death that night. That would be, well, a little too heart-rending.
Heart-rending has its limits.
Plenty of well-fed, comfortable people,
whoíve never known war but as something that happens somewhere else,
something to make the pulse quicken and to stir patriotic feelings and to
be glorified by Hollywood and to bear a presidentís approval ratings into
the stratosphere, squirm uncomfortably when they run headlong into
reality. So war is pain and grief and blood and hunger and cold and panic.
Itís little kids pissing their pants in terror, before a sniperís bullet
rips through their skull, splattering brains across their mothersí faces.
Itís young men being beaten to death by thugs, who we call soldiers. Itís
Afghan kids orphaned by pilots who fly B-52ís, and have kids of their own,
who go to Sunday School, and speak in admiring tones of their daddy the
war hero whoís off in Afghanistan killing other peopleís kids.
Itís easy to talk bravely of a
necessary war, when other people are the victims, and other people do the
fighting, and all you have to do is watch from afar and spin romantic
fantasies about it. Harry Fisher, who went to war in Spain, fell into the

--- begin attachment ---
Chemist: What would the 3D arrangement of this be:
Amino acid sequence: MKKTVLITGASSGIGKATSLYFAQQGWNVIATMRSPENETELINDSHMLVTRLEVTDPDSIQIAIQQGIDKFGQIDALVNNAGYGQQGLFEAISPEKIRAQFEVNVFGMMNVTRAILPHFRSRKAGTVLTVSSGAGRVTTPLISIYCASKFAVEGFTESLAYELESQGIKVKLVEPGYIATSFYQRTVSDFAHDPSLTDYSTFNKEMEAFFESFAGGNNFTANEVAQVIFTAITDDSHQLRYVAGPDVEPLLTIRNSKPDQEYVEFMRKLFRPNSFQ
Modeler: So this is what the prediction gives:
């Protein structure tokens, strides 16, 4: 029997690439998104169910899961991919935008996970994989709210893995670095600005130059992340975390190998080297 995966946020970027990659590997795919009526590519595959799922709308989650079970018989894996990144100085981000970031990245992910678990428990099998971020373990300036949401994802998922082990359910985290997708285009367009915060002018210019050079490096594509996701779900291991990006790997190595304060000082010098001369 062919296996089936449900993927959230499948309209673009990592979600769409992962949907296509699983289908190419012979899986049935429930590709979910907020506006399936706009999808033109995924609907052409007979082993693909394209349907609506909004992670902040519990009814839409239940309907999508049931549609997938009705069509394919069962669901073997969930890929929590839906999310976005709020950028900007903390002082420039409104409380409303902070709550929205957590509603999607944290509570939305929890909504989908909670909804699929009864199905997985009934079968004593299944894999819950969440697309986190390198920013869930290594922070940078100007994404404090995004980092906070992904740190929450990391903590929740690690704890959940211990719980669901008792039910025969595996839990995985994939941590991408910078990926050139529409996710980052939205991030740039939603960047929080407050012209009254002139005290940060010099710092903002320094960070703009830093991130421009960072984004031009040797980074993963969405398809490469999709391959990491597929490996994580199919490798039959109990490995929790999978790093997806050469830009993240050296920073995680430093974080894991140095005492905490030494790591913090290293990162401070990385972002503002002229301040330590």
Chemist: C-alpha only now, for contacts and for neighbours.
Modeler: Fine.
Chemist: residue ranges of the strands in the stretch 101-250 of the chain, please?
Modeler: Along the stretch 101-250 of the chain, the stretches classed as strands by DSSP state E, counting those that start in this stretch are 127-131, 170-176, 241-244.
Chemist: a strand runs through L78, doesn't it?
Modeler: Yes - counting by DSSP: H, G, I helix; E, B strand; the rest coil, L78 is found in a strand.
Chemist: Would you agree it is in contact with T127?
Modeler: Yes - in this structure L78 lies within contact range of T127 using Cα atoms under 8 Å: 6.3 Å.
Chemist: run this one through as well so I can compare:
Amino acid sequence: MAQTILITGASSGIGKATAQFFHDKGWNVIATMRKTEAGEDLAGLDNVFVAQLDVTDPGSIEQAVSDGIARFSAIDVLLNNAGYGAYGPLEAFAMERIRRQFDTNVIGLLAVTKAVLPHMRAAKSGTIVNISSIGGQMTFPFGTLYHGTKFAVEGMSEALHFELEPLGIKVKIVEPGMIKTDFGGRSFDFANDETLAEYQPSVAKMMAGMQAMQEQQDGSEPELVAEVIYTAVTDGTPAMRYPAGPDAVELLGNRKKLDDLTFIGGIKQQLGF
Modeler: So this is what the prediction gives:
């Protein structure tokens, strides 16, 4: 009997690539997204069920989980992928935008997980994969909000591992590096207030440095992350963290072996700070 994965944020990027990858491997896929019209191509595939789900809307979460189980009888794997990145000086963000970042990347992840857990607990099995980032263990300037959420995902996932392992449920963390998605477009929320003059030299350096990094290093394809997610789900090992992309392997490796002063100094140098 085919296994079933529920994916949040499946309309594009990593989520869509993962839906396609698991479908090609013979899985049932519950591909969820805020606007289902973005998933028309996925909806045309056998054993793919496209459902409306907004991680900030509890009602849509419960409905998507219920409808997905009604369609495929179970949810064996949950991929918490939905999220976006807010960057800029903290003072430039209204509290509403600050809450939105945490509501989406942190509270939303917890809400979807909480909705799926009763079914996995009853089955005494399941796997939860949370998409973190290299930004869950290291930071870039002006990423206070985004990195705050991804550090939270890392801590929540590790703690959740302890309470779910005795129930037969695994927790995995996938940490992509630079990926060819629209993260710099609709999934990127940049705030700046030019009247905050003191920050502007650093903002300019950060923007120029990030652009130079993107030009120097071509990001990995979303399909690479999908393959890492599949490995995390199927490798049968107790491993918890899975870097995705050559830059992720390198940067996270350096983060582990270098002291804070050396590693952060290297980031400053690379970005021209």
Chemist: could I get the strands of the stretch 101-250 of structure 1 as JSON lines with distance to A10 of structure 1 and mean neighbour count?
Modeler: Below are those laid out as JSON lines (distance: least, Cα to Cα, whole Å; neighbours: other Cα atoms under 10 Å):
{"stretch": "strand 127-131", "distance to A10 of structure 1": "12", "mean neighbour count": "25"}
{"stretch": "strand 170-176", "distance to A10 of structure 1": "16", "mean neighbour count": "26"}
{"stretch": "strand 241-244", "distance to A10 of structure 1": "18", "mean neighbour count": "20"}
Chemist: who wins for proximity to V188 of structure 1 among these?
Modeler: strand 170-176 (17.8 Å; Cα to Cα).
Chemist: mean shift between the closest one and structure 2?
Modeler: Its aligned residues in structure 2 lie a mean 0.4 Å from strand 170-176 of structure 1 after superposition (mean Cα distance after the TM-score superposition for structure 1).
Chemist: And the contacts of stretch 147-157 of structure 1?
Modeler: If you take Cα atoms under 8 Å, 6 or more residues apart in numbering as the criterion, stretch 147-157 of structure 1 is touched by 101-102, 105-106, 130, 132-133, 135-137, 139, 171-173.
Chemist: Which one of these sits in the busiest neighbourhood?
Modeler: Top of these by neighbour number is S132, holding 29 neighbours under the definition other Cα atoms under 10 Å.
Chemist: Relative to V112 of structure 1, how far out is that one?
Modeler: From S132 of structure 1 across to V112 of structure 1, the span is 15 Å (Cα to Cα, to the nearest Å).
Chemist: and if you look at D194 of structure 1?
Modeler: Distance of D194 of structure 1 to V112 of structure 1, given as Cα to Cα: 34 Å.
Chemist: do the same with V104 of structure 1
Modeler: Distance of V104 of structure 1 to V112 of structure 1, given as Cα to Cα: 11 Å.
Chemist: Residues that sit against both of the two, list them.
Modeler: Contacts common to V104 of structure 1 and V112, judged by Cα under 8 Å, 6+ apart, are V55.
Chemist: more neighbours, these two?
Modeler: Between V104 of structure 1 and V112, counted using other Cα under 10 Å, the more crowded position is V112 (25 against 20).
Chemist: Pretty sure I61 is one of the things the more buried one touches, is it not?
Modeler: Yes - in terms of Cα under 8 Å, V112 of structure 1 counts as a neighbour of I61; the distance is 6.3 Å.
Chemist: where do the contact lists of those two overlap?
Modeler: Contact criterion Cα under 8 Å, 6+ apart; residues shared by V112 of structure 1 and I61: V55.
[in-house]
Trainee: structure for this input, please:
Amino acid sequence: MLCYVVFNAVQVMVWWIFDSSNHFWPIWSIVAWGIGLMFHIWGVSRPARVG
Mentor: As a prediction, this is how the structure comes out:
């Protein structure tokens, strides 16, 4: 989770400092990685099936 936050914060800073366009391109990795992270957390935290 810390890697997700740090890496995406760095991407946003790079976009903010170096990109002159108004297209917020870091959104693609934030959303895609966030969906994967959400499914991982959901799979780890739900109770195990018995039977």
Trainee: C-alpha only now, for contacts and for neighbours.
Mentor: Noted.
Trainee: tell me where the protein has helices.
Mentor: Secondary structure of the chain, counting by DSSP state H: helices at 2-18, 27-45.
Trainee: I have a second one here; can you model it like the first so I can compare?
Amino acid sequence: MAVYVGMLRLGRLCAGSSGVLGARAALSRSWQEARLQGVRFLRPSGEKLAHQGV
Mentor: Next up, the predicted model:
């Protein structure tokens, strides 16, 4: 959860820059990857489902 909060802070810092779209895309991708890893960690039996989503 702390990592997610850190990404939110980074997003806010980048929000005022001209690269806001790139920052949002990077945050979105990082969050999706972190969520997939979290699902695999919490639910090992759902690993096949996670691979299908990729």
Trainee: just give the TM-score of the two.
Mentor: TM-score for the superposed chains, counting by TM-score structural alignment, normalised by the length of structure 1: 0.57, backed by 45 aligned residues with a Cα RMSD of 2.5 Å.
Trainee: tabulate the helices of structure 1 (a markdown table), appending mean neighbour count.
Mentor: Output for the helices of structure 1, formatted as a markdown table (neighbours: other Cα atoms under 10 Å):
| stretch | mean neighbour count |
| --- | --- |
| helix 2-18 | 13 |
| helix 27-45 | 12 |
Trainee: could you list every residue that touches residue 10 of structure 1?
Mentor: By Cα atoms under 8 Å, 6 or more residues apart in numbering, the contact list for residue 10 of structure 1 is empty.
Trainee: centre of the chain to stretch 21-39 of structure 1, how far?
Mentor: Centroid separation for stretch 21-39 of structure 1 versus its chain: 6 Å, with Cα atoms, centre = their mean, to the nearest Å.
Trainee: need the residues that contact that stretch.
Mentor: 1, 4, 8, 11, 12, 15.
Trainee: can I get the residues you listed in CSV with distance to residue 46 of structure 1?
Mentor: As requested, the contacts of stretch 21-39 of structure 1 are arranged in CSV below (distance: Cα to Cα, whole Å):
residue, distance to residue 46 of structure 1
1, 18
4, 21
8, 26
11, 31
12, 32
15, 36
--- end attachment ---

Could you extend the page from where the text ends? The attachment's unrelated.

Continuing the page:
arms of a great despair when he returned home, because all his friends
wanted to know what it was like to kill fascists. They thought it was a
glorious war, Fisher recalled. But to Fisher it was a sad, depressing
affair, of corpses whose "faces revealed final moments filled with pain,
horror, and fear," of kids who wanted to do nothing more than play soccer
but who were dragooned into Francoís army and thrown into the front lines
and were machine-gunned by antifascists filled with a burning desire to
smash the vile, repellent ideology of Hitler and Mussolini and Franco, but
who eventually learned the truth about war, a truth those at home could
Itai Haviv is an artillery captain in
the Israeli army reserves: "As a fighting officer of the Israel Defense
Forces, I served all over the West Bank and Gaza Strip," he writes. "I am
not naive. Sometimes you must kill to survive. In the name of the State of
Israel, I chased after children who threw stones at me. I patrolled the
alleys of refugee camps. I banged on tin doors in the wee hours of the
night. I looked for inciting texts between mattresses and blankets. I
heard babies cry. I pulled people out of bed to erase slogans off the
walls. I enforced curfews. I fought against Palestinian flags hanging on
electricity poles. I stopped vehicles. I confiscated ID cards. I
transferred handcuffed detainees in the back of my jeep. I shot rioters. I